Sometimes it’s ok not to be ok

This week I had a mini revelation.

It’s ok to say you’re not ok.

During the healing of my marriage break-up I worked hard to turn around my perspective on life; focus on the good stuff in order to bring in more good (the law of attraction); learn to love myself and my flaws, and see the opportunity for growth in all situations. Living this way healed me from my crisis, it brought me new love and a happier life.

But I got myself into a bit of a fix. Being positive, a survivor of hardship and strong under pressure became who I was. At times I felt amazingly strong, but I forgot about the part of me that was just human, not superhuman. I began to put higher expectations on myself to achieve personal goals. I hoped that I could fit everything I wanted and needed to do into a mere 24 hours a day, and still be happy and serene. I realised I was trying to juggle three children as a single parent, run a household alone, write a book and a blog, find quality time for me, find quality time with my partner, work a job, train on a course and care for my elderly mother who is in declining health. Continue reading “Sometimes it’s ok not to be ok”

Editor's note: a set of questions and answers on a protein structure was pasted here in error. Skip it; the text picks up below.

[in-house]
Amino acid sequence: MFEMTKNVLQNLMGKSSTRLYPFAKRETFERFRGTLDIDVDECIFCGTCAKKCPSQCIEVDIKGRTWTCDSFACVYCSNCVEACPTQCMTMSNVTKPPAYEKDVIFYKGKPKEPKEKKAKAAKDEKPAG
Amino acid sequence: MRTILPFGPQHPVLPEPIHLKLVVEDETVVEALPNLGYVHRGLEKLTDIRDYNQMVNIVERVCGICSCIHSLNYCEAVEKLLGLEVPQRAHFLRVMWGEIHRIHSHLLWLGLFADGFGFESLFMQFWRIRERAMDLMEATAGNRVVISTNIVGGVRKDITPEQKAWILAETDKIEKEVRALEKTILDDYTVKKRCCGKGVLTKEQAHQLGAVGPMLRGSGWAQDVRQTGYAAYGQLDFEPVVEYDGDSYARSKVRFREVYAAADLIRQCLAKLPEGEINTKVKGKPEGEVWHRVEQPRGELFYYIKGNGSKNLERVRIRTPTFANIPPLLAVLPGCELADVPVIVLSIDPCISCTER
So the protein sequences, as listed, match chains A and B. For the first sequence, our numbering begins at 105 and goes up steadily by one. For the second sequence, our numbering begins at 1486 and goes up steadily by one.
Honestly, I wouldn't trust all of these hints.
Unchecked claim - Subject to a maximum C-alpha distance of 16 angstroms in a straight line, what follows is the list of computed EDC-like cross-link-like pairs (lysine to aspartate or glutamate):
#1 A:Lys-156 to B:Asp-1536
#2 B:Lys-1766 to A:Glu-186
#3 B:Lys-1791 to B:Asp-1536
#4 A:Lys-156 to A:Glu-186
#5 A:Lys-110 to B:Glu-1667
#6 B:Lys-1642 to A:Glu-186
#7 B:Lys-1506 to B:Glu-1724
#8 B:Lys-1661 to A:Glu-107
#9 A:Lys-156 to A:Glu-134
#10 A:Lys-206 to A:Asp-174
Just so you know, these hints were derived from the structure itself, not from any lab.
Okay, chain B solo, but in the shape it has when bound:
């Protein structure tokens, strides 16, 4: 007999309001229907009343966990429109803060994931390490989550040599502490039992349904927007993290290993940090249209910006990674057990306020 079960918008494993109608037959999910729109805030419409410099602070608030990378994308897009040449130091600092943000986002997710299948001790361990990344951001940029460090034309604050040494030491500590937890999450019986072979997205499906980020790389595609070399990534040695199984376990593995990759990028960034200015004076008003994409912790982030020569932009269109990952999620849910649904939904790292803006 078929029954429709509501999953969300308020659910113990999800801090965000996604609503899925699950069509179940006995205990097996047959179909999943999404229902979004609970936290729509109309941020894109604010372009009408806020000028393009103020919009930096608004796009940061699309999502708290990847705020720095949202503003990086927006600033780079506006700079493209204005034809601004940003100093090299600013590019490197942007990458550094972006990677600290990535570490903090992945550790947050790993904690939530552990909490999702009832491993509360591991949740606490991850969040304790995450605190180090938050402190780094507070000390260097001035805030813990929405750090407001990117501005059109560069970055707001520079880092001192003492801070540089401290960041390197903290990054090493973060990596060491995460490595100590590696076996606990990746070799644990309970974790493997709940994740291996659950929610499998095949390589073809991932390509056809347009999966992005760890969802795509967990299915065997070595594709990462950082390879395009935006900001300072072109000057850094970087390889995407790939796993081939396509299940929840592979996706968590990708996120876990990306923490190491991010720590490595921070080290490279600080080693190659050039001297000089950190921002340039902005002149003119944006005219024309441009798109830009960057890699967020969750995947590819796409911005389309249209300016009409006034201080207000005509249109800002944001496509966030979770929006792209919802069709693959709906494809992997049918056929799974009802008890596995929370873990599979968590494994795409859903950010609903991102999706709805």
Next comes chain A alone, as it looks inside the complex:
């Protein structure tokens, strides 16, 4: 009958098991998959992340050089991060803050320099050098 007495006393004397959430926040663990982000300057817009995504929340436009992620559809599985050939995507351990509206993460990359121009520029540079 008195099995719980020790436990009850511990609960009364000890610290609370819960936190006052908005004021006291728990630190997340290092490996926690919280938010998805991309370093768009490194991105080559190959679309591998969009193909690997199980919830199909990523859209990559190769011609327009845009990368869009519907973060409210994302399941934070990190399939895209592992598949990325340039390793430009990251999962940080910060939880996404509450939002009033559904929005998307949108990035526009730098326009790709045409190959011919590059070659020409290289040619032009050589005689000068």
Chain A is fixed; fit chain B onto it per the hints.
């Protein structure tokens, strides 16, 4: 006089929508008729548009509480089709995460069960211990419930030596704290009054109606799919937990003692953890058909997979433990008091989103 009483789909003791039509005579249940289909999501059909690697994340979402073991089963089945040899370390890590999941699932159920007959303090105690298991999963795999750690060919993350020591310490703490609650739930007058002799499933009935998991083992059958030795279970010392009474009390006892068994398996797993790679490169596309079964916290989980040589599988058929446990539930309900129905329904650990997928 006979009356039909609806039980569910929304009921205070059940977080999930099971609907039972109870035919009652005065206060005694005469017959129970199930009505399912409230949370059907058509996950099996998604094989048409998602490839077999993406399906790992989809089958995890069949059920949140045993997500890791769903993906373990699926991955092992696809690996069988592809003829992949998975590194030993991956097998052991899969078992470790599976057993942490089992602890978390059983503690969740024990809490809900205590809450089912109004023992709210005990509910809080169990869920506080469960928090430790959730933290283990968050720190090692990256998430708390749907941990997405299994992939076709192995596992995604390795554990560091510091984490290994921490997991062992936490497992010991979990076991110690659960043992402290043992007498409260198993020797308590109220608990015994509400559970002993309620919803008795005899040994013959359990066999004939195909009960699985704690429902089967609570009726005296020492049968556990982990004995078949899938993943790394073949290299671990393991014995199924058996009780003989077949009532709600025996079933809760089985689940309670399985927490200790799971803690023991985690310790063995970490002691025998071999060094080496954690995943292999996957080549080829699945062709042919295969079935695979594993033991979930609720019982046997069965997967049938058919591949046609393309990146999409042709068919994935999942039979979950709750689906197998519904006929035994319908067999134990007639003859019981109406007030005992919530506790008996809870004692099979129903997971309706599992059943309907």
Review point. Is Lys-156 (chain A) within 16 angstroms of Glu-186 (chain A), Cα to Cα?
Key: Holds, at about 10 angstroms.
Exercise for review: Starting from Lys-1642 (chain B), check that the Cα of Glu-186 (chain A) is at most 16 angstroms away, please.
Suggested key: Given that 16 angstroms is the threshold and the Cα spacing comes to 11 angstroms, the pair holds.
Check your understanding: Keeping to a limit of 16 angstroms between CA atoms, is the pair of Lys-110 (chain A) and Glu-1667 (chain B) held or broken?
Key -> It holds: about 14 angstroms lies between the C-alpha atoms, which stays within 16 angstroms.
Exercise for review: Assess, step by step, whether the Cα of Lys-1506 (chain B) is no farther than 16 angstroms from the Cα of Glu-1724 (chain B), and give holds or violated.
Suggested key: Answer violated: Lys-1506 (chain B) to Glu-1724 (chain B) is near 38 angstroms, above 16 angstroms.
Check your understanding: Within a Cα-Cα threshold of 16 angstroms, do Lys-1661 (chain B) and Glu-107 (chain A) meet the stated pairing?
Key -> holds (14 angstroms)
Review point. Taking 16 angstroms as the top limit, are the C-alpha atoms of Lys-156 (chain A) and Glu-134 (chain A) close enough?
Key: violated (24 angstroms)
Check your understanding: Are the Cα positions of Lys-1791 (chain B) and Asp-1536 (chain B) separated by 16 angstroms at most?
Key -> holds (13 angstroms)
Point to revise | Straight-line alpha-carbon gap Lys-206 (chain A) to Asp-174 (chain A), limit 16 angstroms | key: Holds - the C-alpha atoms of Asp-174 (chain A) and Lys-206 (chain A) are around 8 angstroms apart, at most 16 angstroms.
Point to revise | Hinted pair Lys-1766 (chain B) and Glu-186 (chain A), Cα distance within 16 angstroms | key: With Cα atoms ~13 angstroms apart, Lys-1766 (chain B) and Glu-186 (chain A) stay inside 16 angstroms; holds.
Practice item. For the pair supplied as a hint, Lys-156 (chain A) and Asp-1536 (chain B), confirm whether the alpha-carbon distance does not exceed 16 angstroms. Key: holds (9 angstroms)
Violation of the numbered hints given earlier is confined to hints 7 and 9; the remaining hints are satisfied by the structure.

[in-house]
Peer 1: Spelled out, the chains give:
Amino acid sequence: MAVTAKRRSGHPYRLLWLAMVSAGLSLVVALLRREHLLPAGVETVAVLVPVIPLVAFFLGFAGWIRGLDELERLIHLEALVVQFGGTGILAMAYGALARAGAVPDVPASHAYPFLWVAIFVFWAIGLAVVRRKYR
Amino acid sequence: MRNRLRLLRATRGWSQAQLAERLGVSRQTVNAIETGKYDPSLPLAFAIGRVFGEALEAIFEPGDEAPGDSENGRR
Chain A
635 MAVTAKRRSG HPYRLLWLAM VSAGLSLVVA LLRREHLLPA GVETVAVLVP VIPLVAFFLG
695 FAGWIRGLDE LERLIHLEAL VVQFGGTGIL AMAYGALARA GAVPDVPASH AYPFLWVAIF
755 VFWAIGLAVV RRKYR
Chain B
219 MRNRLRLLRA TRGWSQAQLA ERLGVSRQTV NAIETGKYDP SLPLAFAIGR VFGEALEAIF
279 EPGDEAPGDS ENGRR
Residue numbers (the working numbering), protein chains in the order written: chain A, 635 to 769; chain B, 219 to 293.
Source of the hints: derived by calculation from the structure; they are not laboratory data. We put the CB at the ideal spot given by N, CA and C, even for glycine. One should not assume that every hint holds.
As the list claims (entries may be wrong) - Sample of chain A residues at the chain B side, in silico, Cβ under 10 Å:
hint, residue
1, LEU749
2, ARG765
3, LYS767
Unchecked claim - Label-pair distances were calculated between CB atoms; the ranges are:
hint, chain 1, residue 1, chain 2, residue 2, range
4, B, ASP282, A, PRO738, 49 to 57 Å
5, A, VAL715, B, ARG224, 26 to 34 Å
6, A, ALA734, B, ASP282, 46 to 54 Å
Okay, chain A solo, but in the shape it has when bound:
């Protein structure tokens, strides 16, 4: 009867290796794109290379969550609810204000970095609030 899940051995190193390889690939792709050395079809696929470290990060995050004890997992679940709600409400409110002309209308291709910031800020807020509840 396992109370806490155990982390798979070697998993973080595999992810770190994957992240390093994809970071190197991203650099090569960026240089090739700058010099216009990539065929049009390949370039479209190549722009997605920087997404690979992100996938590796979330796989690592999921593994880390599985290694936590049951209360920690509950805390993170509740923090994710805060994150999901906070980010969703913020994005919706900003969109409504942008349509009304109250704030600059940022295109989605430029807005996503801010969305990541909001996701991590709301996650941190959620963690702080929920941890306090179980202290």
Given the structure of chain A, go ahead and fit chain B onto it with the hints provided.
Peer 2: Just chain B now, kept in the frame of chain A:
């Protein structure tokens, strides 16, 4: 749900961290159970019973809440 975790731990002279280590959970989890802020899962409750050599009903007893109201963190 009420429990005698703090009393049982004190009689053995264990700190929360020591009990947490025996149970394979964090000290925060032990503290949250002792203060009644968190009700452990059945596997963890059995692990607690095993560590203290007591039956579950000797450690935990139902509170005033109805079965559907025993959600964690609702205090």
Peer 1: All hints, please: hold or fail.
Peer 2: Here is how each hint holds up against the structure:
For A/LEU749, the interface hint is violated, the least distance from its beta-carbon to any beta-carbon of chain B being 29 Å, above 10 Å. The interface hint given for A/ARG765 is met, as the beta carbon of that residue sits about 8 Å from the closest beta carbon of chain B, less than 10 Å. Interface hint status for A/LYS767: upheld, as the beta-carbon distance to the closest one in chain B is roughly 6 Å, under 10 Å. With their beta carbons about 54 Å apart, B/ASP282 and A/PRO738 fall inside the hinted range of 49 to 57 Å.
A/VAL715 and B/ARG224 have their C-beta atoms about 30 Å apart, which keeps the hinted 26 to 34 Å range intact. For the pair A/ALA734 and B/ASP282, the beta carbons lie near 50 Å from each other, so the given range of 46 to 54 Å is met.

Does time really heal a broken heart?

How long should you give yourself to get over the end of a relationship?

We rightly accept that when we face a loss we must give ourselves the time and space to heal. Grief is valid and vital. To push on through without allowing grief and all the emotions that go with it is repressing part of who you are. But how long is long enough?

Of course there is no standard answer. It’s all relative and personal. It’s a question of how long is long enough for you.

If we wait passively it can be a very long time. It is possible to move on to a new happy fulfilled life, yet still have fleeting moments of sadness, poignancy or nostalgia years later. That’s healthy and very human. Continue reading “Does time really heal a broken heart?”